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Today in history: FDR's first fireside chat
Most Americans had never heard the voice of a president, and millions tuned in
 
Franklin Roosevelt prepares for a June 5, 1944 fireside chat, during which he reported that Rome was freed from the Axis powers by Allied forces.
Franklin Roosevelt prepares for a June 5, 1944 fireside chat, during which he reported that Rome was freed from the Axis powers by Allied forces. AP Photo

March 12, 1933: President Roosevelt held his first "fireside chat" — a radio address to explain his policies to the American people. FDR's fireside chats were electrifying. Most Americans had never heard the voice of a president, and millions tuned in. Roosevelt used simple words and addressed Americans as "my friends." Roosevelt knew radio to be an effective communication tool. It remains so to this day, reaching 93 percent of consumers weekly — more than the internet.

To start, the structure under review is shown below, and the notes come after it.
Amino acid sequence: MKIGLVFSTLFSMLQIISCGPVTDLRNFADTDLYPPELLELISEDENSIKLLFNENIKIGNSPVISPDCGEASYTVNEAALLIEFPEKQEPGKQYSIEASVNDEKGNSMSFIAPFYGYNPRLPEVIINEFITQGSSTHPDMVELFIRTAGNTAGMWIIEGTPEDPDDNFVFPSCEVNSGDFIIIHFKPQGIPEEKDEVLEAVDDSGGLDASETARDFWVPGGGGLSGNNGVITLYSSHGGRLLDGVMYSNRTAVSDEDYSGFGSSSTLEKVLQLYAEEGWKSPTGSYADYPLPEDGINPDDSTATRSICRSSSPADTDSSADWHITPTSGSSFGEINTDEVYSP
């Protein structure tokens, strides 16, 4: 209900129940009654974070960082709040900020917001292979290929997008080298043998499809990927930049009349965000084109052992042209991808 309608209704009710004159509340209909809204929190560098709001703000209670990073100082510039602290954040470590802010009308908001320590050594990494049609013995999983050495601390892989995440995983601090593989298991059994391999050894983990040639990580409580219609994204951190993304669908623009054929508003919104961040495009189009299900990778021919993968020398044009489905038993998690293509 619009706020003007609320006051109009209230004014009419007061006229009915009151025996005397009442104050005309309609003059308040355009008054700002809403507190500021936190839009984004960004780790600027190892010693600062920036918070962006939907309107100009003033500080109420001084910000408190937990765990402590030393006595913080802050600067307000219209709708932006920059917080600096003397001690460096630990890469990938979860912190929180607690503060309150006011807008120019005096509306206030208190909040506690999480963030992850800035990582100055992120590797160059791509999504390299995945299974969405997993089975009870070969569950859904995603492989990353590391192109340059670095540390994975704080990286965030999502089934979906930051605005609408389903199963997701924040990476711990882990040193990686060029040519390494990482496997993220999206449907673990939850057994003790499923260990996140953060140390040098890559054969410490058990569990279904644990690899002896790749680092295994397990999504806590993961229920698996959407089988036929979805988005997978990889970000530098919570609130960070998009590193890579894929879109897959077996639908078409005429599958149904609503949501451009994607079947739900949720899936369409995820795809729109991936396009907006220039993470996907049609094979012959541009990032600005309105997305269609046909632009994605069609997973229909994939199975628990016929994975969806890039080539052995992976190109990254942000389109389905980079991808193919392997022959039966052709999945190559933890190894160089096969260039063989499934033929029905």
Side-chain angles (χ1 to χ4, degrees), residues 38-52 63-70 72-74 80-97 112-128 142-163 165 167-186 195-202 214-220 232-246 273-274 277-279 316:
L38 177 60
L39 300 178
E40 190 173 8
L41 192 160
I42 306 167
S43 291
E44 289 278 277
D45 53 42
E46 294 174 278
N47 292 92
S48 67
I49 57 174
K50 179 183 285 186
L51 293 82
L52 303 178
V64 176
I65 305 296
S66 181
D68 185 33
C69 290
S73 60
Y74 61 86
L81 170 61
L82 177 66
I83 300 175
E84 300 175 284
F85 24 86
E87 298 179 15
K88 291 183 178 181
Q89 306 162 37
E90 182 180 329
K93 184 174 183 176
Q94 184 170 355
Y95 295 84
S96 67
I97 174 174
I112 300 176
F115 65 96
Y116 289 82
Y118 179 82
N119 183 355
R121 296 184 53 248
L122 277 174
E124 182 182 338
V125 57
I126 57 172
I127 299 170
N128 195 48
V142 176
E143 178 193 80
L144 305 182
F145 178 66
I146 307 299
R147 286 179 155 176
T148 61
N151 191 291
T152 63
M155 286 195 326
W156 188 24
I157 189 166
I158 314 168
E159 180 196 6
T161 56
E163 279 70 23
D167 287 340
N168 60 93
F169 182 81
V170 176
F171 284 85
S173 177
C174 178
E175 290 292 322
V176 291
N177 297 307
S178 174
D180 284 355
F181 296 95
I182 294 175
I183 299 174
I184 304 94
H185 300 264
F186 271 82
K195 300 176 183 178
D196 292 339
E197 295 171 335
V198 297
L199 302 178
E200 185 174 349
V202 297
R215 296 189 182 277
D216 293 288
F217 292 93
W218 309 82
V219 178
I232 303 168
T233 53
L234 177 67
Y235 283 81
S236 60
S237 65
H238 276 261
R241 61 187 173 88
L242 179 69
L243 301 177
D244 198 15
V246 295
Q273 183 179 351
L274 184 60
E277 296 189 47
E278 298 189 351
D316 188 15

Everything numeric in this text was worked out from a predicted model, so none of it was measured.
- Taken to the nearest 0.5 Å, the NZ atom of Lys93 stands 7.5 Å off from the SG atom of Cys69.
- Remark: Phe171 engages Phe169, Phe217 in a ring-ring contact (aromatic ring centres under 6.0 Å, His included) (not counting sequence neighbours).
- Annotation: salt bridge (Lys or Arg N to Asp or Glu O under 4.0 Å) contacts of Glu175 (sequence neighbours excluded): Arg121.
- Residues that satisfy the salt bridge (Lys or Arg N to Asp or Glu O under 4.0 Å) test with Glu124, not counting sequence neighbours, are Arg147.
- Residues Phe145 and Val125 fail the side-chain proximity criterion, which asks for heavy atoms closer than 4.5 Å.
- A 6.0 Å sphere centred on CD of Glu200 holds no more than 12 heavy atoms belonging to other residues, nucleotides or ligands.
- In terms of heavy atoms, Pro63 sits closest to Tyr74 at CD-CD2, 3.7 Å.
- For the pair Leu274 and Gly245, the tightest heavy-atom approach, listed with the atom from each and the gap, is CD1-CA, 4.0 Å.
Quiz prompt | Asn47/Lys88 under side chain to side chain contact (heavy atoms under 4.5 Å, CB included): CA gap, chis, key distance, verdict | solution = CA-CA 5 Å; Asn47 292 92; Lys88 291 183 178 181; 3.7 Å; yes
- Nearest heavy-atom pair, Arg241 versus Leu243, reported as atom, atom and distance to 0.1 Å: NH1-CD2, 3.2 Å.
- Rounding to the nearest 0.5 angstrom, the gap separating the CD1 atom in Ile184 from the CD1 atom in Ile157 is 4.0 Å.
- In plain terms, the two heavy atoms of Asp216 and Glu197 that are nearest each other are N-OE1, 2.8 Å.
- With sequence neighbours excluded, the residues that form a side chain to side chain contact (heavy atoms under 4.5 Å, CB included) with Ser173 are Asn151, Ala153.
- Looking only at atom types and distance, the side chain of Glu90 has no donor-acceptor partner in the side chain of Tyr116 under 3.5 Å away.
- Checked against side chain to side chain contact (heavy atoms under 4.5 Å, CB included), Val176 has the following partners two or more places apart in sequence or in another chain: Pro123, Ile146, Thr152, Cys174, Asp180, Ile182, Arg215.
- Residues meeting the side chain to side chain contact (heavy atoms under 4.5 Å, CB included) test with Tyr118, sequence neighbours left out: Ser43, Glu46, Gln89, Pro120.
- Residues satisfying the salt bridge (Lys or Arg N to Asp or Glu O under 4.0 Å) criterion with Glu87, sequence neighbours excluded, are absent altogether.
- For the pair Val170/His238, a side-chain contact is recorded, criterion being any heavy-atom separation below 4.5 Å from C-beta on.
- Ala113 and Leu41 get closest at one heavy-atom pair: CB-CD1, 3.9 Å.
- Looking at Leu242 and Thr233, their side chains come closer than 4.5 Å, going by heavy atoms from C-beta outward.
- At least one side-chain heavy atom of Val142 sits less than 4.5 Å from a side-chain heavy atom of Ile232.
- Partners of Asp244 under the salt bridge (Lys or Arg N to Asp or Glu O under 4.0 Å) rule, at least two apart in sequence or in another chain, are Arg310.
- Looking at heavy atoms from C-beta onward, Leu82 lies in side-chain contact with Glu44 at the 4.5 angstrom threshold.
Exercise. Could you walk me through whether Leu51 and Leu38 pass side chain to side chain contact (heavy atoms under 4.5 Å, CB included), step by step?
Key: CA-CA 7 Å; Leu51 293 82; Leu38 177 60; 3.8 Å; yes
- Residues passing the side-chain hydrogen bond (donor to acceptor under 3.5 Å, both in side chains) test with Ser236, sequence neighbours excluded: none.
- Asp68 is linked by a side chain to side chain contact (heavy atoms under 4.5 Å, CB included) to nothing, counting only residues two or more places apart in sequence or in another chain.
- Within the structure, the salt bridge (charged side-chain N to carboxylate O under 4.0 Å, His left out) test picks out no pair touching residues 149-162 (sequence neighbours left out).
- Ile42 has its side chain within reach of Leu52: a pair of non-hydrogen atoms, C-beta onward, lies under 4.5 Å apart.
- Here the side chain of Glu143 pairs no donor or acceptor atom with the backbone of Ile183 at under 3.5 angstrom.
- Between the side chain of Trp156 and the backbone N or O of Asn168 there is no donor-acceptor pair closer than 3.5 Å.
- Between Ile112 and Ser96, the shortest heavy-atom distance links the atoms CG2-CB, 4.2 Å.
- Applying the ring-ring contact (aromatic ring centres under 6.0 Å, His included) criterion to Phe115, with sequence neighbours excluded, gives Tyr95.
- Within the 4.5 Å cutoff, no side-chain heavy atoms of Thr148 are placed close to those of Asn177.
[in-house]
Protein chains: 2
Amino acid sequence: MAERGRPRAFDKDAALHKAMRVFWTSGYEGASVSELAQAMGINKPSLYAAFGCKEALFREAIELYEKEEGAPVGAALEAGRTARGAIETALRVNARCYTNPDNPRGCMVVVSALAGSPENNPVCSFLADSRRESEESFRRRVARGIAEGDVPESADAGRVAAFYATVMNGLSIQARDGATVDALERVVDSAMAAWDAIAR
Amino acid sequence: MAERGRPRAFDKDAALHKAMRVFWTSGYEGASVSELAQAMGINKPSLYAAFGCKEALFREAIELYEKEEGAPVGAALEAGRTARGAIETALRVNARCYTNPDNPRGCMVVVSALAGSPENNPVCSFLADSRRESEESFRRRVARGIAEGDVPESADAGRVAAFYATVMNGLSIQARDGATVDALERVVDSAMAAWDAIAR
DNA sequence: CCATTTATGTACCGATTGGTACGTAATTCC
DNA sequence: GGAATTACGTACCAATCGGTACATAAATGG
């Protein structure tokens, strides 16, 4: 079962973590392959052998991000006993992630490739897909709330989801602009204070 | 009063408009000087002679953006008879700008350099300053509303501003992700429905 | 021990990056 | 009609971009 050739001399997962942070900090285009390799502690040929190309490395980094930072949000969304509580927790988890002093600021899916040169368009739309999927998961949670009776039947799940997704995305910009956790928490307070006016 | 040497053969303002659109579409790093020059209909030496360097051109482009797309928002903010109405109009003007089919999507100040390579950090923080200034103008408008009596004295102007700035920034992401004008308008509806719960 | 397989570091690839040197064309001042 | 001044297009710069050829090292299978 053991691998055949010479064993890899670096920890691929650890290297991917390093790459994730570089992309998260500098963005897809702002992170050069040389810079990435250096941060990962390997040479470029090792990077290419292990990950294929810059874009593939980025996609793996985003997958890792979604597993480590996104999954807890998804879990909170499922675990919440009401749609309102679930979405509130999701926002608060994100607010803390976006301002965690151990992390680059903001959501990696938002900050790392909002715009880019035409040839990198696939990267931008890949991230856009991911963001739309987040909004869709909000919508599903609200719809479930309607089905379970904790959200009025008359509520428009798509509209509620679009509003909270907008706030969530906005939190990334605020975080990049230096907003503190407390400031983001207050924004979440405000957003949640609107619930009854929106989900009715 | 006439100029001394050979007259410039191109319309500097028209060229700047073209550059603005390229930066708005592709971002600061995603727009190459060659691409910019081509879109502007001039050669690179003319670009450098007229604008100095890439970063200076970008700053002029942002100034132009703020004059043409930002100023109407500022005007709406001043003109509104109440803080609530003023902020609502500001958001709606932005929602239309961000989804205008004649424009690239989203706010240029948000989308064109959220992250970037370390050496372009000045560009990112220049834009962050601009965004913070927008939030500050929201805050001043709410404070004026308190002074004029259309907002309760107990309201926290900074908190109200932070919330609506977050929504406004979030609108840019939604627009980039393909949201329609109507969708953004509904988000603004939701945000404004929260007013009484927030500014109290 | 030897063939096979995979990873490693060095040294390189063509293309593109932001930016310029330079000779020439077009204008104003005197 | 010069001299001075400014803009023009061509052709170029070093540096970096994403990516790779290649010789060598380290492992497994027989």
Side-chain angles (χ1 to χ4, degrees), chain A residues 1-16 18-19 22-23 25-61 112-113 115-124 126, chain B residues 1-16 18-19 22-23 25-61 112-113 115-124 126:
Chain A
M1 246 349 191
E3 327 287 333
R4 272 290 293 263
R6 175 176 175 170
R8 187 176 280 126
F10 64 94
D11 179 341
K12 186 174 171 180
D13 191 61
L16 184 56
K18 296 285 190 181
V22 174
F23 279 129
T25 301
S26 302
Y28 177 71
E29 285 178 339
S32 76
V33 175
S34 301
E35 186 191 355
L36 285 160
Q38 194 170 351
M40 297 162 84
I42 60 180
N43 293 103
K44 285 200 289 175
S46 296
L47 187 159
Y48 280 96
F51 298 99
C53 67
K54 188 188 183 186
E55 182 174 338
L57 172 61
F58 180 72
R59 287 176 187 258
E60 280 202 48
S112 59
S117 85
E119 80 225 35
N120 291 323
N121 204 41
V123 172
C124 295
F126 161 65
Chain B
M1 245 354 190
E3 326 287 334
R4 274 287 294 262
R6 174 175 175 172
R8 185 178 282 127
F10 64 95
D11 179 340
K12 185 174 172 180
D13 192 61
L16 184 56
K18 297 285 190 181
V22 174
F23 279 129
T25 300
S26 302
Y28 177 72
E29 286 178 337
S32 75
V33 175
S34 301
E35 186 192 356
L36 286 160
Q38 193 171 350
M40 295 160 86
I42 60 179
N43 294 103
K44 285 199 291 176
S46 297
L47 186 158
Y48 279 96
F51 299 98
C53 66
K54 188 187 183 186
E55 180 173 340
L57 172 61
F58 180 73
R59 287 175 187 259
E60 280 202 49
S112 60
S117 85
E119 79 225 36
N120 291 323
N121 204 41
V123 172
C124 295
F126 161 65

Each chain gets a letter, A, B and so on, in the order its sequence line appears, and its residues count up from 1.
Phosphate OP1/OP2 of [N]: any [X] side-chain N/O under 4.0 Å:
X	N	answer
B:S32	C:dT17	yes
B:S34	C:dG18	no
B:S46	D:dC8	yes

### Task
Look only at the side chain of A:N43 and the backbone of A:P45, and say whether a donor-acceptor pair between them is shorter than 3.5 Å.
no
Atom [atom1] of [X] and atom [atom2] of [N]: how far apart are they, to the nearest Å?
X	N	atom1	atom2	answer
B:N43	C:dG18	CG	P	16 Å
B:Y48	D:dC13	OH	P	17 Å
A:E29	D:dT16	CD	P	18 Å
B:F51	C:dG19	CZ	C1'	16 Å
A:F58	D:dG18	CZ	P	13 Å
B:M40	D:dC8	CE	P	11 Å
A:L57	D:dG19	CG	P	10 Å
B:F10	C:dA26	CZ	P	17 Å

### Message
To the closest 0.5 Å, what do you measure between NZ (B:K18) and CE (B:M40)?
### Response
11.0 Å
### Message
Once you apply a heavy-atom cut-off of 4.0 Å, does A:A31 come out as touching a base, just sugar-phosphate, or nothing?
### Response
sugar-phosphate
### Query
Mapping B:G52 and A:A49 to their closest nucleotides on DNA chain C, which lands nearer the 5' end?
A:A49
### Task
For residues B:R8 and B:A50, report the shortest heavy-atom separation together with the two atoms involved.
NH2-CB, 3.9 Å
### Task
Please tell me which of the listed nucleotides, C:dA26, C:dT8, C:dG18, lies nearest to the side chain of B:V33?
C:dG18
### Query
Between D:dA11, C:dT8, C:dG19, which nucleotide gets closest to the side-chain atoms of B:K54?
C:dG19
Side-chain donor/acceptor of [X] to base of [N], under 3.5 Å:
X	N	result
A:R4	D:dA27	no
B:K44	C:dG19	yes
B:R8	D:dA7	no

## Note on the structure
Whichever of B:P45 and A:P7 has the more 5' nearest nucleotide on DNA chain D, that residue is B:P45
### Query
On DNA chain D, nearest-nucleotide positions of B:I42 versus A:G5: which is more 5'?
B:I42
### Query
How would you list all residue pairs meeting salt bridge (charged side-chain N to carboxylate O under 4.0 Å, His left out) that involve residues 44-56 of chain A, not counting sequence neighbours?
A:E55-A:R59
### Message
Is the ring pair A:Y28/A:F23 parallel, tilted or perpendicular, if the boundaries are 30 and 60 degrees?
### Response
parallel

March 12, 1947: The Truman Doctrine: President Truman asked Congress to send aid to Greece and Turkey, which were threatened by communism.

Quote of the day

"The virtues are lost in self-interest as rivers are lost in the sea." — Franklin D. Roosevelt


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